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As Tensions Mount, Brazil Hedges Its Bets on Russia and the West

While the U.S. and others expel diplomats, Brazil’s decision not to criticize Russia reveals its uncertain position in the changing global order.
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Mikhail Svetlov/Getty Images

When Brazil’s former President Dilma Rousseff withstood Western pressure to criticize Moscow following its annexation of Crimea in 2014, many international observers were nonplussed. Why would Brazil, one of the world’s most reliable defenders of international law, keep quiet about such a blatant violation?

At the time, most explained Brazil’s reaction as a reflection of domestic concerns. Bilateral ties between Brazil and the U.S. were already deeply strained following the NSA spying scandal, which touched Rousseff personally. Criticizing Russia could have endangered relations there, too, and jeopardized President Vladimir Putin’s pending visits to the World Cup final in Rio de Janeiro and the BRICS Summit in Brasília, both taking place that year. Rousseff, then preparing a re-election campaign, was already facing the same political pressure that would eventually lead to her impeachment; frayed ties with both Washington and Moscow would have given ample ammunition to opponents hoping to characterize her as unfit to lead.

Several of Brazil’s most seasoned diplomats opposed Rousseff’s unwillingness to criticize Russia at the time, and domestic factors certainly contributed to her position. Yet Brazil’s recent decision to again steer clear of growing tensions between Russia and the West suggests that broader geopolitical considerations also played a role, and continue to do so today.

On March 4, Russian agents operating in the UK allegedly attempted to assassinate a former Russian spy (and now British citizen) in the town of Salisbury. In the weeks since, a large alliance of Western nations has joined the UK in condemning Russia’s actions. Twenty-three countries, including France, Germany and Italy (the latter of which is seen as traditionally close to Russia) sharply criticized Moscow and expelled diplomats on top of already existing economic sanctions. U.S. President Donald Trump’s decision to go along despite his personal admiration for Putin shows how concerned his foreign policy advisers must be about what looks like a state-sponsored attack on foreign soil. In response, the Kremlin ordered 60 U.S. diplomats to leave Russia by April 5.

Brazil-Russia relations, by contrast, remain in good health. Brazil has not commented on the incident in Salisbury. A rare visa waiver program, which makes a Brazilian passport more valuable for travelers arriving at the Moscow airport than does any European equivalent, remains in place. Meanwhile, economic ties have flourished since 2014, as many Brazilian products have replaced Western ones in Russia since the U.S., the EU and others imposed sanctions.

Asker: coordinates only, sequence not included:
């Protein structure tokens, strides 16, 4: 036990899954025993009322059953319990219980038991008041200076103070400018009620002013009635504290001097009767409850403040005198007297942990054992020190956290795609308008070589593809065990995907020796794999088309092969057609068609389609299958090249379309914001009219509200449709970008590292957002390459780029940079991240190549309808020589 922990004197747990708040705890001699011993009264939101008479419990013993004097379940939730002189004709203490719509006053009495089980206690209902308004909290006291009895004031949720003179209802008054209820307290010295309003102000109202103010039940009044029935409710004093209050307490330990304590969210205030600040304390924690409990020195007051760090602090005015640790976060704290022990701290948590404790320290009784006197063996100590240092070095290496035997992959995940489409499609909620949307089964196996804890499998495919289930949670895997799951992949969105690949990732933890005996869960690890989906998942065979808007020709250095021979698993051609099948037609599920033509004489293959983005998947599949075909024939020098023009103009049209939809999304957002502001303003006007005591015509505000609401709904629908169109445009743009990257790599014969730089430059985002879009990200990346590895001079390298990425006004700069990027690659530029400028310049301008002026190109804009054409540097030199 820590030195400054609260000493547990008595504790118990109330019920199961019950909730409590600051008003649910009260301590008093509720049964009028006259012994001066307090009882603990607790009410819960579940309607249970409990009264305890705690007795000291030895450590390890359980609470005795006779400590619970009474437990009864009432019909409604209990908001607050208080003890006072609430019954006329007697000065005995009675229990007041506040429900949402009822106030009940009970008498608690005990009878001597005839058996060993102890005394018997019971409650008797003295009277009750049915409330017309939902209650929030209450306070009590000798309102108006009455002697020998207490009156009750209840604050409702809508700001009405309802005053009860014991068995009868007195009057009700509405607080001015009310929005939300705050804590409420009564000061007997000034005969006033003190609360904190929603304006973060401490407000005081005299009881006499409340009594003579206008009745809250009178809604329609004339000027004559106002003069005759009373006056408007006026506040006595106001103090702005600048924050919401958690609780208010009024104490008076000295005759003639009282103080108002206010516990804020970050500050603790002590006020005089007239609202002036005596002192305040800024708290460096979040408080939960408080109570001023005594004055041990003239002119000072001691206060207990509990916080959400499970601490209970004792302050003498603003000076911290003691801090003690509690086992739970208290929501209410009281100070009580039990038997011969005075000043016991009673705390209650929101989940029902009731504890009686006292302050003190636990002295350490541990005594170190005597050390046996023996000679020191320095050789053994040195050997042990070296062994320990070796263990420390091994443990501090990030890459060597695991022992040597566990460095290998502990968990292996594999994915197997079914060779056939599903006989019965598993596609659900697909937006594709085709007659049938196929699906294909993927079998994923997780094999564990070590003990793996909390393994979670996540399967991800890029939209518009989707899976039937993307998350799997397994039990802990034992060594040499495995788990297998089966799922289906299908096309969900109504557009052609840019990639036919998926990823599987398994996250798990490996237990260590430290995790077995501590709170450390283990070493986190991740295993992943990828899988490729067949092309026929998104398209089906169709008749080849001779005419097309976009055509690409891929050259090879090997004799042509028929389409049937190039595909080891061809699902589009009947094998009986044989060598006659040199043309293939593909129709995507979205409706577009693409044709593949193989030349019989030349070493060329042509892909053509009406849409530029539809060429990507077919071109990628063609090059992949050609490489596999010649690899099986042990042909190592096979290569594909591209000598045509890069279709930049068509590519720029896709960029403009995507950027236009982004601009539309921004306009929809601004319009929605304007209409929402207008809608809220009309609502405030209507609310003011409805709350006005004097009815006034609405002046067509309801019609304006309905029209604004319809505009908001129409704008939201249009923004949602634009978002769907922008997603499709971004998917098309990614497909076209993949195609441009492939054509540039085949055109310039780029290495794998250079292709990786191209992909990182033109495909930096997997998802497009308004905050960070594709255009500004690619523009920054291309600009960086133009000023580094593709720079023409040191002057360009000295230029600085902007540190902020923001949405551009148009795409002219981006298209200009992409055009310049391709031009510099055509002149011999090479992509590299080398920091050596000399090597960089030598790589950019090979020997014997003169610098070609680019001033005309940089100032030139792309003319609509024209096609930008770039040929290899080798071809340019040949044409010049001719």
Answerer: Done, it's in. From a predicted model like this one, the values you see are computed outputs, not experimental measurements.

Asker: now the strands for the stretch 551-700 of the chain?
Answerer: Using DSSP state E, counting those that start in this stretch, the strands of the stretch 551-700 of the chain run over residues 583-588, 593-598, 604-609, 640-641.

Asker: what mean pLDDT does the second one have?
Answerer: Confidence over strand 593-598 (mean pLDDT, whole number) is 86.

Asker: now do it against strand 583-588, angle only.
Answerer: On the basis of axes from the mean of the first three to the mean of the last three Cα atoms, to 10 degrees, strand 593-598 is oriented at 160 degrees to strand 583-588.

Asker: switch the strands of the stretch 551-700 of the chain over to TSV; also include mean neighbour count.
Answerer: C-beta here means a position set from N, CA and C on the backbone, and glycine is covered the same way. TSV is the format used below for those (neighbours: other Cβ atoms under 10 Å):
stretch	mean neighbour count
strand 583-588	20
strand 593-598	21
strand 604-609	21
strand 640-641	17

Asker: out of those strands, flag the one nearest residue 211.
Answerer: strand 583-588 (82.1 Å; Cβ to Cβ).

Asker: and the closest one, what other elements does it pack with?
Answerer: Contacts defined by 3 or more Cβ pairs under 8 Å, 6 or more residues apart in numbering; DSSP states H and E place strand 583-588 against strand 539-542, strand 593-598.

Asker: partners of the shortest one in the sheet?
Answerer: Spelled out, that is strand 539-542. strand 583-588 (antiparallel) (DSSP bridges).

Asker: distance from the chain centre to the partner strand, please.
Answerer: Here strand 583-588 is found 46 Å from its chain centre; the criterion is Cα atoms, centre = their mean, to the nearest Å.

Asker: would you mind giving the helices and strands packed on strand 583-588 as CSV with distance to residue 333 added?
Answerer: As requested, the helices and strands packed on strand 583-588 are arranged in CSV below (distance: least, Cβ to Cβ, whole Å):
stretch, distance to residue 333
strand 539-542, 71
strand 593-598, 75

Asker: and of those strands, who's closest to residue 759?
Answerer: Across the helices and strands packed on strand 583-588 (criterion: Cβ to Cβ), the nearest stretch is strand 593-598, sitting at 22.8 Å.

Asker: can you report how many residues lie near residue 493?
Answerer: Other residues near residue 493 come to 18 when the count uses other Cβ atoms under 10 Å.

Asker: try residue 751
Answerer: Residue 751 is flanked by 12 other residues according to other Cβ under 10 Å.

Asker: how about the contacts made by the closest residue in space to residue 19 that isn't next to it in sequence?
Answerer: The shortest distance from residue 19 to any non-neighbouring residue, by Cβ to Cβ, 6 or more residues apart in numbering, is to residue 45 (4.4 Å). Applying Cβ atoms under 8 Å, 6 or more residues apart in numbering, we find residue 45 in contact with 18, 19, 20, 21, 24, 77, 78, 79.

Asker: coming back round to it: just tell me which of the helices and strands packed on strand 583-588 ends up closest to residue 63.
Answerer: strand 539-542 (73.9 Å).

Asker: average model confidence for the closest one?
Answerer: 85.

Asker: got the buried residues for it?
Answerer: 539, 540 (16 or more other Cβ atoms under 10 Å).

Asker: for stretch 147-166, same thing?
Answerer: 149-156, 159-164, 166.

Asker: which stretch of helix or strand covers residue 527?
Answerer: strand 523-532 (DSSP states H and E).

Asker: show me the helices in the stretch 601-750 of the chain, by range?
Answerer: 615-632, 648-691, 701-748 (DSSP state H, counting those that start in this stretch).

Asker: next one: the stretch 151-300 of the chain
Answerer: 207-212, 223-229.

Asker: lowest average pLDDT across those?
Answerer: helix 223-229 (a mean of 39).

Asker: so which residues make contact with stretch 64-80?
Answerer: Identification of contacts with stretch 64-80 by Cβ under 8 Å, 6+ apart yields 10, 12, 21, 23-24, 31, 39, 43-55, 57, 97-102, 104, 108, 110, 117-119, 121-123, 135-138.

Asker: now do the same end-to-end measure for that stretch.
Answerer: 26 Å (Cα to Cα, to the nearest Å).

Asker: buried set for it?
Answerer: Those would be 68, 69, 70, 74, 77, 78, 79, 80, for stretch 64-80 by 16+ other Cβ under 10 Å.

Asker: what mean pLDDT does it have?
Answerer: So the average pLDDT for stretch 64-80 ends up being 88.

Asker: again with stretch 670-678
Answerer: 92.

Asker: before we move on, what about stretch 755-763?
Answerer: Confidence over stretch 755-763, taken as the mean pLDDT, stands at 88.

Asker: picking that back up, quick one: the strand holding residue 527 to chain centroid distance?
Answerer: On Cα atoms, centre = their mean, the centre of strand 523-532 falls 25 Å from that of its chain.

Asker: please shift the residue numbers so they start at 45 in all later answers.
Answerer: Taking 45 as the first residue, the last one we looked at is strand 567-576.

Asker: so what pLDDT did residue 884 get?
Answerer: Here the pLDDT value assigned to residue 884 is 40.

But just as in 2014, Brazil’s strategy may have little to do with what policymakers actually think about the recent assassination attempt. Indeed, several leading diplomats have privately criticized Moscow for its alleged actions, just as they did following the Crimea annexation.

Instead, Brazil’s muted response points to the complex challenges it faces in increasingly unpredictable geopolitical circumstances, with various competing centers of power and clear signs that U.S.-led unipolarity is giving way to a new global order that cannot yet be easily defined.

In many ways, Brazil’s strategy is not new. Both during the Cold War and even during the so-called unipolar moment in the 1990s, when Washington was globally dominant, former Brazilian Presidents Fernando Collor, Itamar Franco and Fernando Henrique Cardoso shied away from fully siding with Washington (ironically, all three stand accused of having been too close to the United States despite considerable evidence to the contrary, frequently generating frustration among U.S. policymakers).

In this context, it is no surprise that Brazil’s overall foreign policy strategy, which emphasized ties to the so-called Global South during 13 years of leftist rule under the Workers’ Party, barely changed after the conservative Michel Temer became president in 2016.

Confounding expectations that Temer would weaken commitment to the BRICS grouping, his travel itinerary suggests unprecedented engagement with China, India and other members. Temer made three trips to Asia before even setting foot in Washington; no previous Brazilian president traveled to the region as often this early into his or her term.

To some extent, Temer has had little choice. Several Western leaders have skipped Brazil during recent trips to Latin America – including German Chancellor Angela Merkel, former French President François Hollande, former U.S. Secretary of State Rex Tillerson and Vice President Mike Pence. By contrast, the unpopular Temer was welcomed whole-heartedly in Russia, China and India.

All that helps to explain why, despite strong ties to the U.S. and Europe – symbolized, for example, by Temer’s decision to apply for OECD membership – Brazil should not be expected to take sides if tensions between Russia and the West intensify, regardless of who succeeds Temer in January.

ABOUT THE AUTHOR
Oliver Stuenkel is a contributing columnist for Americas Quarterly and teaches International Relations at the Getulio Vargas Foundation in São Paulo. He is the author of The BRICS and the Future of Global Order (2015) and Post-Western World: How Emerging Powers Are Remaking Global Order (2016).
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Any opinions expressed in this piece do not necessarily reflect those of Americas Quarterly or its publishers.
Tags: Brazil, foreign policy

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